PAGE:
Mechanisms of antimicrobial resistance in bacteria

Am J Med. 2006 Jun;119(6 Suppl 1):S3-10; discussion S62-70. doi: 10.1016/j.amjmed.2006.03.011.


The treatment of bacterial infections is increasingly complicated by the ability of bacteria to develop resistance to antimicrobial agents. Antimicrobial agents are often categorized according to their principal mechanism of action. Mechanisms include interference with cell wall synthesis (e.g., beta-lactams and glycopeptide agents), inhibition of protein synthesis (macrolides and tetracyclines), interference with nucleic acid synthesis (fluoroquinolones and rifampin), inhibition of a metabolic pathway (trimethoprim-sulfamethoxazole), and disruption of bacterial membrane structure (polymyxins and daptomycin). Bacteria may be intrinsically resistant to > or =1 class of antimicrobial agents, or may acquire resistance by de novo mutation or via the acquisition of resistance genes from other organisms. Acquired resistance genes may enable a bacterium to produce enzymes that destroy the antibacterial drug, to express efflux systems that prevent the drug from reaching its intracellular target, to modify the drug's target site, or to produce an alternative metabolic pathway that bypasses the action of the drug. Acquisition of new genetic material by antimicrobial-susceptible bacteria from resistant strains of bacteria may occur through conjugation, transformation, or transduction, with transposons often facilitating the incorporation of the multiple resistance genes into the host's genome or plasmids. Use of antibacterial agents creates selective pressure for the emergence of resistant strains. Herein 3 case histories-one involving Escherichia coli resistance to third-generation cephalosporins, another focusing on the emergence of vancomycin-resistant Staphylococcus aureus, and a third detailing multidrug resistance in Pseudomonas aeruginosa--are reviewed to illustrate the varied ways in which resistant bacteria develop.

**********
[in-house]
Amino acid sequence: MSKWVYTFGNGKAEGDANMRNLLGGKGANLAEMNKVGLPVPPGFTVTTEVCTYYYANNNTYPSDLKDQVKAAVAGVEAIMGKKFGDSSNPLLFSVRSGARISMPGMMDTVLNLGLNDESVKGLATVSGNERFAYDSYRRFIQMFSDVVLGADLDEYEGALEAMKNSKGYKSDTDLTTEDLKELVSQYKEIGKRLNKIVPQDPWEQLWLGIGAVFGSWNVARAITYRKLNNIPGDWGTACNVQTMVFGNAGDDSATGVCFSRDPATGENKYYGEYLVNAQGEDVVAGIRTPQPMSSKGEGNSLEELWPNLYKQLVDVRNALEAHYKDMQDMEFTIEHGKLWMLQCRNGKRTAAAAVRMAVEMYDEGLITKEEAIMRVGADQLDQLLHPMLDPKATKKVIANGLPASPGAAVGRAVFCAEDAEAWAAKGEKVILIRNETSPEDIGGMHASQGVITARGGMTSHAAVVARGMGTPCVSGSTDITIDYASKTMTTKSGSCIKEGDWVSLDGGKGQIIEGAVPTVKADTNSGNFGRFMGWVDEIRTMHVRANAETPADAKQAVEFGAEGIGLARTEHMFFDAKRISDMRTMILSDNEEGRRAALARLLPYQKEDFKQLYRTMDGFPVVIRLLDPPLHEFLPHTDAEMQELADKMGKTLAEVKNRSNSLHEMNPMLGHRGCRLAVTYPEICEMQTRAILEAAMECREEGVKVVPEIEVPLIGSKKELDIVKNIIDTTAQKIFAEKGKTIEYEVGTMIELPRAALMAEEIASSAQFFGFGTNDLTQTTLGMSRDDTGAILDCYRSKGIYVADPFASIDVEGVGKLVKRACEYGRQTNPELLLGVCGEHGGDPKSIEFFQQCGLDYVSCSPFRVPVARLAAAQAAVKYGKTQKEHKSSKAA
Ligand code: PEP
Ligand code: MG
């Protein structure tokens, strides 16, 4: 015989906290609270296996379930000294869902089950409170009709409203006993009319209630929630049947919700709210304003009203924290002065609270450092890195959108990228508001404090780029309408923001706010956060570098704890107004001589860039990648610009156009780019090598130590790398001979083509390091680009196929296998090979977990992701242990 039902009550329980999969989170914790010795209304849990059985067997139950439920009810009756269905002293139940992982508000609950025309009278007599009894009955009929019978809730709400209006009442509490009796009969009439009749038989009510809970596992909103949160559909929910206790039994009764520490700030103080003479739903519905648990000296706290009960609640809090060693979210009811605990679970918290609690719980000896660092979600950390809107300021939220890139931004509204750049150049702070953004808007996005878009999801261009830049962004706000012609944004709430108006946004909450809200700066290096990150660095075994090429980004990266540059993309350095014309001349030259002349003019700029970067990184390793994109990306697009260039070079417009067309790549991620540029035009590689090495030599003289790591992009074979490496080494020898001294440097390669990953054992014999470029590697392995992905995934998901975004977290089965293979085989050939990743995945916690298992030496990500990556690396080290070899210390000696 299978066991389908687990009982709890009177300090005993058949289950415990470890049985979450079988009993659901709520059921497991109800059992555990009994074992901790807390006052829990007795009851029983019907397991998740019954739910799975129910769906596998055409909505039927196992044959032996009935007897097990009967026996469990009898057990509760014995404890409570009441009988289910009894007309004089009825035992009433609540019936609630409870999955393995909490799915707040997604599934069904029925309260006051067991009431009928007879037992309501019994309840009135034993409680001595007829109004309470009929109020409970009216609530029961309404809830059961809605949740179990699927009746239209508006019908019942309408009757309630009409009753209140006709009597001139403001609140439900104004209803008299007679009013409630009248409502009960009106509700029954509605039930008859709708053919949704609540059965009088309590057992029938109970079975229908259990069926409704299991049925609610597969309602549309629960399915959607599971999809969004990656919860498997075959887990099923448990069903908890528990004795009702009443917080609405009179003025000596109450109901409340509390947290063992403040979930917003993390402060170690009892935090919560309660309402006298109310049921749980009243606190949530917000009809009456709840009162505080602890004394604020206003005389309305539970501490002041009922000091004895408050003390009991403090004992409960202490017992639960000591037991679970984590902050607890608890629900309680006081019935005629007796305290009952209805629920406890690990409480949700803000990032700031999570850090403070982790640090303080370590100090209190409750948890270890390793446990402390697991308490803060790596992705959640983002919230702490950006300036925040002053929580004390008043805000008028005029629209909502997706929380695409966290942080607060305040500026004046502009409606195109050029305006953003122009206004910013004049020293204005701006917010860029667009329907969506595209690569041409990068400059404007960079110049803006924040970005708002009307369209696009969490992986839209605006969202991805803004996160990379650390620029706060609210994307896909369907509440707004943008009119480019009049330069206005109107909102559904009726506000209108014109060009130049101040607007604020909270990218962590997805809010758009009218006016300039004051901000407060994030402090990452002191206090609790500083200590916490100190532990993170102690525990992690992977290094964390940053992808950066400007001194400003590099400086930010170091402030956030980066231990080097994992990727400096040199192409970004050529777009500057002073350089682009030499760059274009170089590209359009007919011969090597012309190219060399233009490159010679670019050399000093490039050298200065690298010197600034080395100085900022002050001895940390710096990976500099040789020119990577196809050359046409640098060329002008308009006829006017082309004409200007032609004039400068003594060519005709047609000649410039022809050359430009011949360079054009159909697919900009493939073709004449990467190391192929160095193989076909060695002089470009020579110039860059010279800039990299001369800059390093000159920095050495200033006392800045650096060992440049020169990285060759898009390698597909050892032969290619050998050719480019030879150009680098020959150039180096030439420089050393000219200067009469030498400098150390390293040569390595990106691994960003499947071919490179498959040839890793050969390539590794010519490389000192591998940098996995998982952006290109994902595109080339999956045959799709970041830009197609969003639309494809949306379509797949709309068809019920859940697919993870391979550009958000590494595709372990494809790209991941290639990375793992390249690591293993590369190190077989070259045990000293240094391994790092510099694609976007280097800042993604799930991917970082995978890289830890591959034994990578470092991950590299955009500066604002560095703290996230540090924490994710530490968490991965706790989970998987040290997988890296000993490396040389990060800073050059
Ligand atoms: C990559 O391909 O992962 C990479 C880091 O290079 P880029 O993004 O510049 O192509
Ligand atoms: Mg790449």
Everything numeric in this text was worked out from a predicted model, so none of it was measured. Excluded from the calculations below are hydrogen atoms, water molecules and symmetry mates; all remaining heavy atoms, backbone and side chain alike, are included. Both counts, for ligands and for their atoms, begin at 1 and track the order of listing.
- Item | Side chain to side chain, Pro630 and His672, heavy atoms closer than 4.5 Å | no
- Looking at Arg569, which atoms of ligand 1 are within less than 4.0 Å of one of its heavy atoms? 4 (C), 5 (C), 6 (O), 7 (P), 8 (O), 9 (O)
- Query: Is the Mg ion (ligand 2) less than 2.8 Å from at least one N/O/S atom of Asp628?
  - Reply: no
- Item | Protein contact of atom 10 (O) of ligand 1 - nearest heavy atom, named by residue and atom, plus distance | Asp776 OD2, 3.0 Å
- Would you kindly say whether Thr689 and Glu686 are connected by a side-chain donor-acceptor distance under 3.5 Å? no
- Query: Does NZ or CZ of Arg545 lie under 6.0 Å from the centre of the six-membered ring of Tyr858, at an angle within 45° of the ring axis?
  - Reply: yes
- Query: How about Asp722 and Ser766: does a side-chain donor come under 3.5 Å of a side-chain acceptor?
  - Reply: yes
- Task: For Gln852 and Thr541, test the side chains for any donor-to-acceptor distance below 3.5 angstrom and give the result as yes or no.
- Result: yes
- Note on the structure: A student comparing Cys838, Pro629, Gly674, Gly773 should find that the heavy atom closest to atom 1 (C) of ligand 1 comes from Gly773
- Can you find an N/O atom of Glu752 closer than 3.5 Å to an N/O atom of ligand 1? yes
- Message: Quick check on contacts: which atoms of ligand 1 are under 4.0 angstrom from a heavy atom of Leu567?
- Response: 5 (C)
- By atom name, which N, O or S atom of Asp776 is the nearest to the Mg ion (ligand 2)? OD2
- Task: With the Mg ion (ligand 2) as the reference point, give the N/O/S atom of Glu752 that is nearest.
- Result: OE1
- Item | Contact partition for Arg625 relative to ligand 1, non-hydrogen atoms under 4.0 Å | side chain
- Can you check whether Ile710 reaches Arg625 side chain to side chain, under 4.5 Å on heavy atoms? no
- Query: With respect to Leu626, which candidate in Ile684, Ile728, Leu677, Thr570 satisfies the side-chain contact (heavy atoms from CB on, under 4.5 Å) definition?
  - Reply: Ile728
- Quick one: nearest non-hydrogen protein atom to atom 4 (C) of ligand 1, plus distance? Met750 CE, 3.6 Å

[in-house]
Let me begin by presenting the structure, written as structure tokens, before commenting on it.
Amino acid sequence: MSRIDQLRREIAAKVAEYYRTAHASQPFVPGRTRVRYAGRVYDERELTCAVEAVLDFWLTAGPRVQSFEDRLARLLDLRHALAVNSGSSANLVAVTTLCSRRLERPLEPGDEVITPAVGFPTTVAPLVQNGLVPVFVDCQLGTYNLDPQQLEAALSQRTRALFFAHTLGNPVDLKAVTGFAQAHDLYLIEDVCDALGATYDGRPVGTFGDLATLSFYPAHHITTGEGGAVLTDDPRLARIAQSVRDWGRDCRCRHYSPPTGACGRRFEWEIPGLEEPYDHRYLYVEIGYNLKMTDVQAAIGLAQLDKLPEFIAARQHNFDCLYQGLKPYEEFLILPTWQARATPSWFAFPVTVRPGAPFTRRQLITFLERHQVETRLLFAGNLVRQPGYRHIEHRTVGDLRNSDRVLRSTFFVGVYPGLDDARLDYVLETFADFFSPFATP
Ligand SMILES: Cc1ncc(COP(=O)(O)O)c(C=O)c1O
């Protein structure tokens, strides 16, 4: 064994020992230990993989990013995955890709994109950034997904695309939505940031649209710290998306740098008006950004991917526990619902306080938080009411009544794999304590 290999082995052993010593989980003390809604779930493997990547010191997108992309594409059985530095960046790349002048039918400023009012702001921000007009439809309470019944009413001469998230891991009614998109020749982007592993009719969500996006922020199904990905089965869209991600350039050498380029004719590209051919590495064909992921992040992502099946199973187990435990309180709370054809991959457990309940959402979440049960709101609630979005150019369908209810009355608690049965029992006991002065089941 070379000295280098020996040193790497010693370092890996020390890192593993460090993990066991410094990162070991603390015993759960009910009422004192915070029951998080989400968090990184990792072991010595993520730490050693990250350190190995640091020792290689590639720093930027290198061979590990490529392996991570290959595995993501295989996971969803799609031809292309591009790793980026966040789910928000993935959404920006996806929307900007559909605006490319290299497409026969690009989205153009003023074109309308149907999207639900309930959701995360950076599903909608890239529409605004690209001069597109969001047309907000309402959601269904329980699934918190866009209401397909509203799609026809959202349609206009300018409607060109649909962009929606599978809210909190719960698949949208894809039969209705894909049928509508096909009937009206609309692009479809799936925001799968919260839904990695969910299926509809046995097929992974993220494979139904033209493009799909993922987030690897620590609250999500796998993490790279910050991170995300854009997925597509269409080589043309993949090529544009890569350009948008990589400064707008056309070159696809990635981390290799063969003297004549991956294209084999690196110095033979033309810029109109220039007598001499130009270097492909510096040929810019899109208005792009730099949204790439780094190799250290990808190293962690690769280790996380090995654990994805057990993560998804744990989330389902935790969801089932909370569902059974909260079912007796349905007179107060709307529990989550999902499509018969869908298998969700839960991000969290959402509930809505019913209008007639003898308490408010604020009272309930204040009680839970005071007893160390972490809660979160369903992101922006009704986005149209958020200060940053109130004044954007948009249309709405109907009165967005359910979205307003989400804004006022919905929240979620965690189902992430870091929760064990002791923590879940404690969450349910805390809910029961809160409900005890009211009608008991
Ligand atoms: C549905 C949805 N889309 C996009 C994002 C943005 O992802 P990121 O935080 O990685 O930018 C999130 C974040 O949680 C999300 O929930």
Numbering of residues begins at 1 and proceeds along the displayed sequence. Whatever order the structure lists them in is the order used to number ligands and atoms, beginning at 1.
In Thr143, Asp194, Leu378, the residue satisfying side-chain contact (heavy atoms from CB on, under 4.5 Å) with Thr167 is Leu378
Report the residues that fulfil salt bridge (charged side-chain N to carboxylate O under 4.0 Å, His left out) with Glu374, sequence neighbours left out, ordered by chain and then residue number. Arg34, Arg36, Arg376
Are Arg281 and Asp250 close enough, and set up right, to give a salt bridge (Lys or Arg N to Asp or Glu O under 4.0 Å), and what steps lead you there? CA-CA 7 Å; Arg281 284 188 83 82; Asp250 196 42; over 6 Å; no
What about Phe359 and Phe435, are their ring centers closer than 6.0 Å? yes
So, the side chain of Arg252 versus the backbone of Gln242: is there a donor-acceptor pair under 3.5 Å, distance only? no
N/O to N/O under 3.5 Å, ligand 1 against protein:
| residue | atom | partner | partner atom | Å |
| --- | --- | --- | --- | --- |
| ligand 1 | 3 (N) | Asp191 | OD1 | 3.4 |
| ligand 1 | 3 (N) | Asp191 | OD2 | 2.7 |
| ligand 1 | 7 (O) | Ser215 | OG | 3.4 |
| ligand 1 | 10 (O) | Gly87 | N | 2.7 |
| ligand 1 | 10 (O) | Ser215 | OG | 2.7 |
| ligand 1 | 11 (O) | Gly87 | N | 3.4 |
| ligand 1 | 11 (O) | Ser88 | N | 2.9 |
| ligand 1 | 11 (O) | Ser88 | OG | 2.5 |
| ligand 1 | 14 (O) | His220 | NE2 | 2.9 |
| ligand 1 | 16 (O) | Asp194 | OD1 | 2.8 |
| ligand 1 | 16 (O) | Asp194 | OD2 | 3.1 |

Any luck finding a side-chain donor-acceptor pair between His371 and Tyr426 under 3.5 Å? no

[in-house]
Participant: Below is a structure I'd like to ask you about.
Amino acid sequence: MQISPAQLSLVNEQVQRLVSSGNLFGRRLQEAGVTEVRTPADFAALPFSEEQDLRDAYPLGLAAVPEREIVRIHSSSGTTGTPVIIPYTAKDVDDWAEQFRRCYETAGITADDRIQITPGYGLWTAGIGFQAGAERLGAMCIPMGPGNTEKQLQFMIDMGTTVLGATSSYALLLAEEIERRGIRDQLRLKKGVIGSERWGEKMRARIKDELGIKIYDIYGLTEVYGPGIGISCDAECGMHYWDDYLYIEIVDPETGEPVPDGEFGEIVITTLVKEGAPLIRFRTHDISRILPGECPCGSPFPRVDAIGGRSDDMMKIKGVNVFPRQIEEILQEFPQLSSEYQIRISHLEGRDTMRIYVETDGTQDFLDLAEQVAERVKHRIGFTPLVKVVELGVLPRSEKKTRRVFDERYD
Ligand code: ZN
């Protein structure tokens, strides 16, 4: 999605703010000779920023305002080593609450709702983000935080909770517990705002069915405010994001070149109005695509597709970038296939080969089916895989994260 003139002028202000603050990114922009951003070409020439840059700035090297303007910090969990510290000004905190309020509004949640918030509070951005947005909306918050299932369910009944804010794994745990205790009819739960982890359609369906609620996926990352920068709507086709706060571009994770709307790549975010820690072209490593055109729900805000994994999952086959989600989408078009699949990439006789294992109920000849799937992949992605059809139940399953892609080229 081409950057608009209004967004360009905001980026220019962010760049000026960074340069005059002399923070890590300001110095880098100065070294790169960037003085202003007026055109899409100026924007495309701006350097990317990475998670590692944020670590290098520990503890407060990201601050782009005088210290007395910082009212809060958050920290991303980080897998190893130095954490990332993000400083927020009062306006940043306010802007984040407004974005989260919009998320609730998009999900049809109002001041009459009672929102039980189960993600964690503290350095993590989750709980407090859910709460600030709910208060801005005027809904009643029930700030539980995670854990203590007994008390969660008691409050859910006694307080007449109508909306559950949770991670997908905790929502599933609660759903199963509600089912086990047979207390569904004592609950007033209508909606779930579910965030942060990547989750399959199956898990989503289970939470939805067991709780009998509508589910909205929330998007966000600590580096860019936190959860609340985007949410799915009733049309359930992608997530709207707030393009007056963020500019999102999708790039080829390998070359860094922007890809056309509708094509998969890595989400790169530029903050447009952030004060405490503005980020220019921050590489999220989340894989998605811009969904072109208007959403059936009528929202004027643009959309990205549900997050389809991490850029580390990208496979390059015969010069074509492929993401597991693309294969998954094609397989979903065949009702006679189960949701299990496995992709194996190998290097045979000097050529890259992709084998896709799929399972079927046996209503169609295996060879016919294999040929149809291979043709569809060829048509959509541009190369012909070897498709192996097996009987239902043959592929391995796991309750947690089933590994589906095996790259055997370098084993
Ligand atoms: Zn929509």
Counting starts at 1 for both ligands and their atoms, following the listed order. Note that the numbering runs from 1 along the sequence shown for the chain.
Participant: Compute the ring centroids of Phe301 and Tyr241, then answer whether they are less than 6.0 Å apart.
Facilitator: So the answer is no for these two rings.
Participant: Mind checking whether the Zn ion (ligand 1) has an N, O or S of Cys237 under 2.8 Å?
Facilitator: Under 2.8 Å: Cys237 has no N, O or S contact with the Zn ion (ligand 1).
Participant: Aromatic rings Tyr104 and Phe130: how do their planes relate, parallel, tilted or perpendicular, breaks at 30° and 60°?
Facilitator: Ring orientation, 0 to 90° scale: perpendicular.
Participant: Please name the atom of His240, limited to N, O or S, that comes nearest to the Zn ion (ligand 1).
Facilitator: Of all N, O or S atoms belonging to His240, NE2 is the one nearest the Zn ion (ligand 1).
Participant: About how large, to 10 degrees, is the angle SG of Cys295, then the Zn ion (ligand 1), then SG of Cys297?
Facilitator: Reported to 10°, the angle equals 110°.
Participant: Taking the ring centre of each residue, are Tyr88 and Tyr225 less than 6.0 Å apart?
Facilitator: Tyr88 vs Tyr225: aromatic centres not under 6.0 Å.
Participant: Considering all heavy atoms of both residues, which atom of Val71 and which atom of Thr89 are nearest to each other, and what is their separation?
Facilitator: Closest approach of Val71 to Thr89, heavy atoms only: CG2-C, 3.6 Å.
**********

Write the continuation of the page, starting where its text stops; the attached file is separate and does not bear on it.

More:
Publication types

  • Case Reports
  • Review

MeSH terms

  • Adult
  • Arteriovenous Shunt, Surgical
  • Cell Wall / drug effects
  • Cephalosporins / pharmacology*
  • Child, Preschool
  • Drug Resistance, Bacterial / drug effects
  • Drug Resistance, Bacterial / genetics
  • Drug Resistance, Bacterial / physiology*
  • Drug Resistance, Multiple, Bacterial / physiology*
  • Escherichia coli / drug effects*
  • Female
  • Humans
  • Isoelectric Focusing
  • Methicillin Resistance
  • Mutation / physiology
  • Pseudomonas aeruginosa / drug effects*
  • Staphylococcus aureus / drug effects*
  • Vancomycin / pharmacology
  • beta-Lactamases / genetics


  • Cephalosporins
  • Vancomycin
  • beta-Lactamases